That's not the only example of the good research that went into the story; there is a nicely-done discussion of the economics of payment with government greenback dollars, not backed by specie, contrasted with payment in gold. As mentioned earlier, there is also a quite sympathetic treatment of the real collision of the way of life followed by the tribes which followed the buffalo herds, and the increasing violations of the territory set aside for them by buffalo hunters who were getting rich by selling hides. It's not ignored that the custom of following the herds is also what makes it feasible for raids between tribes, a hobby now expanded to prey on settlers moving west. And, we even learn how to cook a turkey without plucking it, so we can eat it for breakfast.

Grant's depiction of Walt Ames is NOT that of a superman. Yes, he DOES get lucky from time to time, but he also has placed himself in condition to take advantage of luck when it presents. There is absolutely NOTHING else about the character that makes him a ....oops...what is the male equivalent of a Mary Sue? At any rate, he is NOT an impossible character. His sole defining quality is that of keeping faith, or, in doing unto others as he would have them do unto him. This keeps him (mostly) out of those interminable semi-Hamlet moments that seem to pop up everywhere in hero stories, where the hero has to berate himself on the horrid choices he has to make. Walt isn't immune to a bit of that; he does wonder if there were anything he could have done differently to prevent the murder of Rose. However, he makes his life plan VERY clear, in a small jewel of a conversation he has with Jimmy and Randy, two teen boys who are along for the trip to help with the gear and stock:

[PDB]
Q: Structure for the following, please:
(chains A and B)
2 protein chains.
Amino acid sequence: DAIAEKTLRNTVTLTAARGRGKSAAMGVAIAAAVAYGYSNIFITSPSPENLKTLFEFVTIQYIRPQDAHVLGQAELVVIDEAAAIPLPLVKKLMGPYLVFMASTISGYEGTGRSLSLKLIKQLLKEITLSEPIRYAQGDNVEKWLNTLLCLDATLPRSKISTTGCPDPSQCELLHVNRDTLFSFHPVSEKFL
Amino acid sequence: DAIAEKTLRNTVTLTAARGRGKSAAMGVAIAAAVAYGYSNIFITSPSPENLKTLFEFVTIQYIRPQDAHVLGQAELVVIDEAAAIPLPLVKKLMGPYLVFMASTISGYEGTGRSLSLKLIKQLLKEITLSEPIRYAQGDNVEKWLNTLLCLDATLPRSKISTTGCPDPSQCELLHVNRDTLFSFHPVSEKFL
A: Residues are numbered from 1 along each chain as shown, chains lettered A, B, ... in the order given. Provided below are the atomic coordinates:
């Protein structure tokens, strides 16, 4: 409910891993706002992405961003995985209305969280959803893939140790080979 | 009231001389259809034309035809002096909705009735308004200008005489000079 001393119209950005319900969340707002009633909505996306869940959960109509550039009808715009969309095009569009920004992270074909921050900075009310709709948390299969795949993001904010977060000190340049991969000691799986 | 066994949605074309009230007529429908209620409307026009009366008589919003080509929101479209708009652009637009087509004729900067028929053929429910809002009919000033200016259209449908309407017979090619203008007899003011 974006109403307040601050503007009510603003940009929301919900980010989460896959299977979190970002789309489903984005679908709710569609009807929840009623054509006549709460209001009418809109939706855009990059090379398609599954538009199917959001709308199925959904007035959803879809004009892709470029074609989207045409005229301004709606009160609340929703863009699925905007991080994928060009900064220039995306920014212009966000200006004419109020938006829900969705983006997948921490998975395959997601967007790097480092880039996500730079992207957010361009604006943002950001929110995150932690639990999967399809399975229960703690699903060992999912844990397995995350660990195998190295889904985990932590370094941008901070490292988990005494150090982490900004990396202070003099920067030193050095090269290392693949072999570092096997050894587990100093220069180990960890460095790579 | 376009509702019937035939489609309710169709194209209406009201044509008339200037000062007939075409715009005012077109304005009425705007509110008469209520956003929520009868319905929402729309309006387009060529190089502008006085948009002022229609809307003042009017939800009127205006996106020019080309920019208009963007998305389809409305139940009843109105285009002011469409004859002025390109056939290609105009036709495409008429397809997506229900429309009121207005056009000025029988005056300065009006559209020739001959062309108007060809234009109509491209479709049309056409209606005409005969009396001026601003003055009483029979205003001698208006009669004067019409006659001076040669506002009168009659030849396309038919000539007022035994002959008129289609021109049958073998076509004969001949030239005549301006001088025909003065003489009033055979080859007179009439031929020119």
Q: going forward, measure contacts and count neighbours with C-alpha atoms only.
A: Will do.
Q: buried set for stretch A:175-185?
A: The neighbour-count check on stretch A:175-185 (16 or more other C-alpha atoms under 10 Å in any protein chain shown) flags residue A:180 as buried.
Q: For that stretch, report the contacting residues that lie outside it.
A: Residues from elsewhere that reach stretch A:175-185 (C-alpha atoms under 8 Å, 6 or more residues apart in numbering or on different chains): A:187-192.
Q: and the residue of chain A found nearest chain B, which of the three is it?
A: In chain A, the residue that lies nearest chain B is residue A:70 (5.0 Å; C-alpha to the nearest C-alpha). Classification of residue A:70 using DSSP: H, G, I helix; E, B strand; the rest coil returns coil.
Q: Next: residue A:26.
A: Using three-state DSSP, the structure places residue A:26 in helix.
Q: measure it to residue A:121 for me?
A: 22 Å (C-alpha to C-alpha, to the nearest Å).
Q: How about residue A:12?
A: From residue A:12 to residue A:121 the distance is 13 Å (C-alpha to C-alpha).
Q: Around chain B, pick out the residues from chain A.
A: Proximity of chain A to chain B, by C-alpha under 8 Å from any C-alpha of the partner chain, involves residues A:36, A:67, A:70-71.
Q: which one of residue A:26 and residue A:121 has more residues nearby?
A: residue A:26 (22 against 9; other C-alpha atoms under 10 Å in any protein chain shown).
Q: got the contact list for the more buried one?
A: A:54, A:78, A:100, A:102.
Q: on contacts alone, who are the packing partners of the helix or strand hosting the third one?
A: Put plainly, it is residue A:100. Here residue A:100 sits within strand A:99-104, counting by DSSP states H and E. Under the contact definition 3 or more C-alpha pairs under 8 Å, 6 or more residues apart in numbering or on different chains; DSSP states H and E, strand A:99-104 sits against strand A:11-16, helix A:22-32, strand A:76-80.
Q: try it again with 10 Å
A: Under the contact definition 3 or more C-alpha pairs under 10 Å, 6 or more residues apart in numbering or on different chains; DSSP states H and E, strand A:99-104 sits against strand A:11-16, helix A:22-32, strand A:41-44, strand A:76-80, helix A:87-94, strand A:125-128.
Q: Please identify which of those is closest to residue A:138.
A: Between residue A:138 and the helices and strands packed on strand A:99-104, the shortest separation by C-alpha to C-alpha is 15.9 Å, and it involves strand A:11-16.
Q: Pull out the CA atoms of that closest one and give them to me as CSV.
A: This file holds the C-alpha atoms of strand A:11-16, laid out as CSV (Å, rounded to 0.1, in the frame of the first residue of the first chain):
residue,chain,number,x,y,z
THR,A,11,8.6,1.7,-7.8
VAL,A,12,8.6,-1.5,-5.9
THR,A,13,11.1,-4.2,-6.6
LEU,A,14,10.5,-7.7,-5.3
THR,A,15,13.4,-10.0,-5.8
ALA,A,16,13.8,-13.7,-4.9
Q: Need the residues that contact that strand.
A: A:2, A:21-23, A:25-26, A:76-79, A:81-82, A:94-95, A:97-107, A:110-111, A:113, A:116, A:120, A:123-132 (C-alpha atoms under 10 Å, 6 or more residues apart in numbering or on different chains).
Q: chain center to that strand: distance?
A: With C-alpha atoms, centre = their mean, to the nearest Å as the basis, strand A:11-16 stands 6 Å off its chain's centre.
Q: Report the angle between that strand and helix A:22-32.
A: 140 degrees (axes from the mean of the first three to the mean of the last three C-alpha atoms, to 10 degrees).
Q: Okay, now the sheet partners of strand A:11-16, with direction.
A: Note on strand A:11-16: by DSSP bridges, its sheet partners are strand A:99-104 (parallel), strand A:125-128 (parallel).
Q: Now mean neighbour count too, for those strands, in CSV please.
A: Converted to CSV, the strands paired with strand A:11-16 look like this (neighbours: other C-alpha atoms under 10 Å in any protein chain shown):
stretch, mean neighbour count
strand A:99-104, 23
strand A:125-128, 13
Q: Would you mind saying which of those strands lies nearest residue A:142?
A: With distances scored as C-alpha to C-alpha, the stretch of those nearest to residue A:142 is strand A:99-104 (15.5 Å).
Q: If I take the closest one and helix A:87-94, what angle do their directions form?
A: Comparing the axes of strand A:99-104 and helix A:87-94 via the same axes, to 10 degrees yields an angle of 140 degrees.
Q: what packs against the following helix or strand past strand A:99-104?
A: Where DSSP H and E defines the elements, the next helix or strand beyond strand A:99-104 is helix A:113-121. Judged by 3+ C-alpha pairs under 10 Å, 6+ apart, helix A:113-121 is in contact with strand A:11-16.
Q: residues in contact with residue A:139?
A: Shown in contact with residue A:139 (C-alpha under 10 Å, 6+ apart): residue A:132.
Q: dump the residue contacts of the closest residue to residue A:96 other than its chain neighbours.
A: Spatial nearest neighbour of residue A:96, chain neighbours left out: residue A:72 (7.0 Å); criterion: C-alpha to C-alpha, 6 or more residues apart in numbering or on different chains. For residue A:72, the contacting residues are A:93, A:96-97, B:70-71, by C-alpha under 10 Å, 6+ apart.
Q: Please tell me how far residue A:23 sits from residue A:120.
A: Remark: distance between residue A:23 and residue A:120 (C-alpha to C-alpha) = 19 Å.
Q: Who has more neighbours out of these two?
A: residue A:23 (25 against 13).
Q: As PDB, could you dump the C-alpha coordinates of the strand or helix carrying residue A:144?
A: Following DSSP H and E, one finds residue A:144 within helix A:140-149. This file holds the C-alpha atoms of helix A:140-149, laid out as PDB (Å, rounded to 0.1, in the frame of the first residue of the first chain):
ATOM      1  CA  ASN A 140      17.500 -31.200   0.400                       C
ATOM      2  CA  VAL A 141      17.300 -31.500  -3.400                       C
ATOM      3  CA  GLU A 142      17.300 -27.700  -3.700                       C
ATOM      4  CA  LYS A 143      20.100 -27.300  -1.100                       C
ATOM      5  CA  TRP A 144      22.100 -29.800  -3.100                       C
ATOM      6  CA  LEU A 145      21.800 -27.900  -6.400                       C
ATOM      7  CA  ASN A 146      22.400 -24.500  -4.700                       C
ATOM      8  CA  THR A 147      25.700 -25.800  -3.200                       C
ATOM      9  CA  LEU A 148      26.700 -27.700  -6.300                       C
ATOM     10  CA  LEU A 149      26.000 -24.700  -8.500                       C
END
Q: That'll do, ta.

“Just remember – don’t go tryin’ to take a fight to anyone who doesn’t really need it. He gets a vote, too, an’ he may be better with a gun than you are. You don’t want to find that out the hard way unless you got no other choice.”
(Grant, Peter. Gold on the Hoof (Ames Archives Book 3) . Sedgefield Press. Kindle Edition. )
I found this to be a VERY restful and absorbing read; Chaplain Pearce, you'd like this one.  I wasn't really seeking "comforting" when started  the re-read (which was necessary after all these months), but I surely did need what "Gold on the Hoof" brought me. 

Well researched; good story; believable characters; recommend without qualification for any age.
Five Stars.

Peace be on your household.

Wednesday, January 15, 2020

Cold Case Murder Clue